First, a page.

Nearly 23 million Twitter users are not human, but bots

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Twitter caused a stir recently when it admitted that many active users are not human – but “bots” sending out automated tweets.

Now there is hard data to go with that claim, reports Zachary Seward of Quartz.

Twitter representatives announced that “up to approximately 8.5%” of active accounts are automatically updated “without any discernible additional user-initiated action.”

That translates to about 23 million of 271 million monthly active Twitter users (MAUs) as of the end of June.

An earlier statement from the company said that 14 percent of MAUs access Twitter from beyond the official website and mobile apps, using Twitter’s API. The latest estimates clarify that statement by adding that the 14 percent figure includes “certain users who accessed Twitter through owned and operated applications.”

The two programs most likely in play are TweetDeck and Twitter for Mac,  favored by many power Twitter users, but technical issues prevent them from being counted in official statistics.

Only 11 percent of MAUs accessed Twitter from applications not owned by the company, such as Tweetbot or Flipboard.

These updated figures allow Seward some other calculations:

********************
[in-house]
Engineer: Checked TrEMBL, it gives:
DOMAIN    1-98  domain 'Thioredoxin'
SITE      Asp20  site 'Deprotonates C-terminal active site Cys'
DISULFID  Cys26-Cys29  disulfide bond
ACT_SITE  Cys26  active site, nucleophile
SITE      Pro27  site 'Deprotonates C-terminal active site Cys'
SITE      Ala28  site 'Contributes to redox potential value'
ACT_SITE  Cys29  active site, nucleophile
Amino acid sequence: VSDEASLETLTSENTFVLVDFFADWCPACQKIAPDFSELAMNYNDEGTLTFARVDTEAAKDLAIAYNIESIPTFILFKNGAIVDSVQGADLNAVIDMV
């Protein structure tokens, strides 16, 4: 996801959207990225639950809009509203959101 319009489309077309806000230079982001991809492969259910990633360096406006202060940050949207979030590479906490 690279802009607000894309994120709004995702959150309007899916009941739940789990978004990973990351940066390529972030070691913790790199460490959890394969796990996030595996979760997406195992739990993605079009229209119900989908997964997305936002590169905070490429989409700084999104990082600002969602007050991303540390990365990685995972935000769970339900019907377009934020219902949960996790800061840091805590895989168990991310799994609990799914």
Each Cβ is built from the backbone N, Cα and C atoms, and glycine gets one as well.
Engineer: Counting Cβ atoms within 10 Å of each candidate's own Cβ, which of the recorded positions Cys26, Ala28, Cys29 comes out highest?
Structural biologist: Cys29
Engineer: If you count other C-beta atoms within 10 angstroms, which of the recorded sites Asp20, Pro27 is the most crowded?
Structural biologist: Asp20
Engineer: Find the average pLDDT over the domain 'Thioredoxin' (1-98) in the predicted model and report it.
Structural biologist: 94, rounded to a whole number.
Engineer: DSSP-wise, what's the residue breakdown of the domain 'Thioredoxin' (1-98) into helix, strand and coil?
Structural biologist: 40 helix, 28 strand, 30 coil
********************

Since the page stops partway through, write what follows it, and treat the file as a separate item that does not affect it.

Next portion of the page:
• 8 million (3 percent) of Twitter’s MAUs use either TweetDeck or Twitter for Mac
  • 7 million (2.5 percent) of Twitter’s MAUs use a third-party client
  • 23 million (8.5 percent) of Twitter’s MAUs are automated bots

Bots are not automatically spammed accounts, which Twitter estimates are less than 5 percent of MAUs. Bots are useful and can be an essential tool for Twitter users.

Twitter’s issue with bots is that once set up, they rarely have human interaction, an important factor for advertisers looking to reach potential customers.

If bots are a concern to advertisers, they should also concern Twitter and its shareholders.

Phil Ammann is a St. Petersburg-based journalist and blogger. With more than three decades of writing, editing and management experience, Phil produced material for both print and online, in addition to founding His broad range includes covering news, local government and culture reviews for, technical articles and profiles for BetterRVing Magazine and advice columns for a metaphysical website, among others. Phil has served as a contributor and production manager for SaintPetersBlog since 2013. He lives in St. Pete with his wife, visual artist Margaret Juul and can be reached at [email protected] and on Twitter @PhilAmmann.